NEMA AC Input and Output Connector Styles….. Are You Confused?

by Jennifer, Inside Sales Associate 6. July 2011 08:35

If you find yourself confused about what NEMA AC input and output connector styles exist, you’re not alone.  It can truly be confusing to the untrained eye.

Different types of AC input and output connectors are designed to address various wiring systems. Each unique design also aids in the area of safety, as only the appropriate plug will fit into the proper receptacle. For example, the 5-20R outlet is capable of accepting the 5-20P as well as the 5-15P. However, the 5-20P will not connect to a 5-15R. A quick reference guide is provided below to serve as a helpful tool in clearing up some of that confusion.

**Fields highlighted in yellow are 3Ø∆; Fields highlighted in green are 3ØY

Three Phase Power Distribution: de·fined

by Mindy, Product Marketing Specialist 1. July 2011 09:26


It has been estimated that up to 30% of a company’s IT budget is spent on energy costs. With the growing demand for an increase in power supply in the infrastructure world, it is inherently obvious that these costs will only increase. Therefore, the need for greater energy efficiency is also on the rise. One solution to the "greater power + greater efficiency" crisis is three-phase power.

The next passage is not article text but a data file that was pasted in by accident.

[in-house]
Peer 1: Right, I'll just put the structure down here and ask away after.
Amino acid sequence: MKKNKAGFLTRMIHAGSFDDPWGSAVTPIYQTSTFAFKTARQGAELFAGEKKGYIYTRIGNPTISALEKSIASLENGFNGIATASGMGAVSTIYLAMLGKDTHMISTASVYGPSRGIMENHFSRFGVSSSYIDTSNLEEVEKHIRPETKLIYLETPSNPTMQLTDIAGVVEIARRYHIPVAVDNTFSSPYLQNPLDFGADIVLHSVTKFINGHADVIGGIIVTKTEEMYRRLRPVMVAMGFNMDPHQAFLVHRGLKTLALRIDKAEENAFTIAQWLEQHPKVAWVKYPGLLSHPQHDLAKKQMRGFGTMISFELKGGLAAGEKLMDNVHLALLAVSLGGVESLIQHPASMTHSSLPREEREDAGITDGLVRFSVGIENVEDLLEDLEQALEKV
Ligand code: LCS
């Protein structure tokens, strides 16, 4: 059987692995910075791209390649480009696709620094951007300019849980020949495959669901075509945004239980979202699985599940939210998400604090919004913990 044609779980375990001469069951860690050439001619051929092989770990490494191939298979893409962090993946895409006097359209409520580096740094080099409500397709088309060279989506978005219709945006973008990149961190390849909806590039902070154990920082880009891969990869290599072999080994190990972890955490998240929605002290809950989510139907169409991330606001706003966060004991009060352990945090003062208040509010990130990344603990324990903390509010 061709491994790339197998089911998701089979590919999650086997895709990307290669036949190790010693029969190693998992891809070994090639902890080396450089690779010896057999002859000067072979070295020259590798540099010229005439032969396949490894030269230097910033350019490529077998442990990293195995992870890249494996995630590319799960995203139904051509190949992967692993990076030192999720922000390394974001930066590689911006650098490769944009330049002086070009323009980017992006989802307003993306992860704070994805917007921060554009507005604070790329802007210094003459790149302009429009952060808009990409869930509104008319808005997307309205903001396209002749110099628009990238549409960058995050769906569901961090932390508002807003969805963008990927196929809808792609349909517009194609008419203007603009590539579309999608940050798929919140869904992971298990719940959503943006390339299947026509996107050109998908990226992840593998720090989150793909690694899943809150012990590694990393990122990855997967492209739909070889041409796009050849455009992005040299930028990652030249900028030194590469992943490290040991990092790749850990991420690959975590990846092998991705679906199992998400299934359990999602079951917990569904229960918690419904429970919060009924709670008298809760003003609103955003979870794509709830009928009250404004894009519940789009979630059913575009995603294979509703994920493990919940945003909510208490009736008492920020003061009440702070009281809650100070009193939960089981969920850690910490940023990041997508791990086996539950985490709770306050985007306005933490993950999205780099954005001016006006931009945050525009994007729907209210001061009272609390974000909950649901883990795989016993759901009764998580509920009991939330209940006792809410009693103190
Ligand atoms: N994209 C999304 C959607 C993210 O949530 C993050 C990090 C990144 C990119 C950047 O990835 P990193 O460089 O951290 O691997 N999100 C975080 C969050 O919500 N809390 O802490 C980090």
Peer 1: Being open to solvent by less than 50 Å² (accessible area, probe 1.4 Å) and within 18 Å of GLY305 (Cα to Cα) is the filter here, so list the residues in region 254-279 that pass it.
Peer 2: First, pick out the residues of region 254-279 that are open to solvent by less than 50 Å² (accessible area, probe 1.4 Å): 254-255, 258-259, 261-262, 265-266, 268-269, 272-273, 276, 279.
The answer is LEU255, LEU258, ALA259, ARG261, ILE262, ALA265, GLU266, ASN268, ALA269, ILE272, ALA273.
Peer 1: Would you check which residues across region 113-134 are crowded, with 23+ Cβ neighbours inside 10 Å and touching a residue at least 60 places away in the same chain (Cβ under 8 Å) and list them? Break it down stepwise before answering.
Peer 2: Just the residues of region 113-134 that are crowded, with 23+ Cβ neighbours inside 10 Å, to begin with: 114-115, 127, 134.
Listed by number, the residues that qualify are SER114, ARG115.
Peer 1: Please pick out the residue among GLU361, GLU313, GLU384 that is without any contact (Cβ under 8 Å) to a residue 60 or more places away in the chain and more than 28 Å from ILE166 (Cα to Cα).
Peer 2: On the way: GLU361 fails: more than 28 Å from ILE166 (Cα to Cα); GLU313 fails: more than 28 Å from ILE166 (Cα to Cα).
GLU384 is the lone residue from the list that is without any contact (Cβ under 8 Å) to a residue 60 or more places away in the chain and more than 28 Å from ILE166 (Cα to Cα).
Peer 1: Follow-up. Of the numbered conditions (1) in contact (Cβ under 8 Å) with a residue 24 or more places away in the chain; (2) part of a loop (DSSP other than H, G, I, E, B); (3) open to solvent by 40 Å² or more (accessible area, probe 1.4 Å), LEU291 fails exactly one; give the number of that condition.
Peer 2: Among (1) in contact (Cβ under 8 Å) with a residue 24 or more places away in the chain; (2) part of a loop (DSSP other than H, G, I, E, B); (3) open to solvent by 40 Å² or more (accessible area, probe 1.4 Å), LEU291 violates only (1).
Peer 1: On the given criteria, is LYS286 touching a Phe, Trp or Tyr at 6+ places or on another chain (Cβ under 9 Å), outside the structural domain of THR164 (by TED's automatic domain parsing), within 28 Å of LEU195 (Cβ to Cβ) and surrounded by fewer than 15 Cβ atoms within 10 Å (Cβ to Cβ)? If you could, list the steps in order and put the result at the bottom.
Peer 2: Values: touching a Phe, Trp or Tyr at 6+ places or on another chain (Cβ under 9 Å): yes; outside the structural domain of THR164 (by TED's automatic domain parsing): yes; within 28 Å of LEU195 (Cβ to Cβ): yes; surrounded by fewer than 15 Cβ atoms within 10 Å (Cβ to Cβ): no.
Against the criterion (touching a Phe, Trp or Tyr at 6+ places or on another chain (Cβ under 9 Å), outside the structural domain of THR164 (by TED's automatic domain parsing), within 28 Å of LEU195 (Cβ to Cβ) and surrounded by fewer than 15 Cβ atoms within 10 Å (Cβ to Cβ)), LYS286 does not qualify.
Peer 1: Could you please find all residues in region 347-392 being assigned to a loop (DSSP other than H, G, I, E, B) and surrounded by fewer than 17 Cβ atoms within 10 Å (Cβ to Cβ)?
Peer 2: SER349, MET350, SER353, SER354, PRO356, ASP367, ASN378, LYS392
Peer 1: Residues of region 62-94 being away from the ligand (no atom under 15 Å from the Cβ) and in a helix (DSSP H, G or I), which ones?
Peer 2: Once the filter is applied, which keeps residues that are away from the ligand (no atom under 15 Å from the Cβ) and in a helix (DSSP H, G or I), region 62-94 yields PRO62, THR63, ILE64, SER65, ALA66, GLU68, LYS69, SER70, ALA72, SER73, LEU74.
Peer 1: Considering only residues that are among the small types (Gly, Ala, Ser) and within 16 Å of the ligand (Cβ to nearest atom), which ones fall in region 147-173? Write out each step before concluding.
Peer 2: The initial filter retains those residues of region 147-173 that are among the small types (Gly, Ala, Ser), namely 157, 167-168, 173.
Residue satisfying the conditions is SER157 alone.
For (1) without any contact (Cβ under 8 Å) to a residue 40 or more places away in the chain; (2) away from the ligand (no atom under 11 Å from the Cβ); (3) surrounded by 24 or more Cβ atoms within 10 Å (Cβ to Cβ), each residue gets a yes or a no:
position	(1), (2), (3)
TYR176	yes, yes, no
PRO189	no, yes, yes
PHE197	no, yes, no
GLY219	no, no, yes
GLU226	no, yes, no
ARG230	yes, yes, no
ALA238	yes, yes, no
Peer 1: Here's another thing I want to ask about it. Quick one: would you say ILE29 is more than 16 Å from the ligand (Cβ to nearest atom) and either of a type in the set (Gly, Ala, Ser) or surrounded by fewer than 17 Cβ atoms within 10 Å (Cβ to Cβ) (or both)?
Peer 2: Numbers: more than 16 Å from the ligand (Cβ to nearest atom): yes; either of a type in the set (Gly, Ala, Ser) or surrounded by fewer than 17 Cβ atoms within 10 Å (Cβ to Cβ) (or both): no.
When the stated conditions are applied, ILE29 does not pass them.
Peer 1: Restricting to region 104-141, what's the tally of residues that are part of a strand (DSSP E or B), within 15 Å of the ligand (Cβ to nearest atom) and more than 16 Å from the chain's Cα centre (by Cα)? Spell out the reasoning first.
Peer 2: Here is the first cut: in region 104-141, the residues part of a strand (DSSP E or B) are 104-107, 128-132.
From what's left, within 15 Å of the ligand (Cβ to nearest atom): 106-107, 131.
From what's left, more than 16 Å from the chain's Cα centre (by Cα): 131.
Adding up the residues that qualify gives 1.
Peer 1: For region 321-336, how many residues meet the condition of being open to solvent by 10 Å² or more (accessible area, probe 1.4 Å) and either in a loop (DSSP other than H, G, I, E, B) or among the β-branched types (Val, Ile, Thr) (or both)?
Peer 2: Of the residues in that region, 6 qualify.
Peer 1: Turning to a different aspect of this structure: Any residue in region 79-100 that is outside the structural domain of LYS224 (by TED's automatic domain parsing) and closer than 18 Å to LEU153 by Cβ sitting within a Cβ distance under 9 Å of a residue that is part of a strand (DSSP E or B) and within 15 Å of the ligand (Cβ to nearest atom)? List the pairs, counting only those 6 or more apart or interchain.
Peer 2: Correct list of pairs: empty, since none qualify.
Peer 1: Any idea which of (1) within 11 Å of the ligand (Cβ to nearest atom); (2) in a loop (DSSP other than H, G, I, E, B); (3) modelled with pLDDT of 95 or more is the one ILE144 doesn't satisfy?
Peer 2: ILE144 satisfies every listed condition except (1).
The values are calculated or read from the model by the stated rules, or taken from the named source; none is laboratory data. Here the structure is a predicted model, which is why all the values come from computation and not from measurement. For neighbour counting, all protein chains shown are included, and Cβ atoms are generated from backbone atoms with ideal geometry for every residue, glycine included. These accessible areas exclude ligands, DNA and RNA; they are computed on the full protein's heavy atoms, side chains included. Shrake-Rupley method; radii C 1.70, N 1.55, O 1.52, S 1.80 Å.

How does 3-phase power work?
Three-phase power (3Ø) is a method of electric power transmission utilizing three circuit conductors that carry three alternating currents which reach their peak values at different times. Each phase is offset 1/3 of cycle of current from the other phases. This smoother wave form provides a more constant source of power than single-phase, two-phase, or direct-current systems. (See the diagram below)

Why consider 3-phase power?
The benefits of 3 Phase power include but are not limited to:

  • Greater power - A 3-phase system delivers 1.732 times the amount of power a single-phase system can produce.
  • Energy efficiency - The power transfer is more constant due to all three wires carrying the same current. In a single phase unit, during each cycle power drops to zero three times. In a 3-phase unit power never drops to zero. This causes less pulsating in the power transfer.
  • More cabinet space - Few PDUs with less wires are required to power equipment ( A cleaner and clutter-free area under a raised floor isn't hard to accept for a facility manager!)
  • Lower current levels in each conductor - Facilitating the use of smaller conductors (  Conductors are ¾ the size of conductors for single phase units with the same power output.)
  • Lower cost of ownership via the physical power installation (i.e. one run of three phase cabling vs. 3 individual runs of single phase wiring.)

Three-phase power distribution is a highly efficient solution to current energy demands. Stay tuned to learn more about the different types of 3-phase power and how they may assist to meet your power goals.

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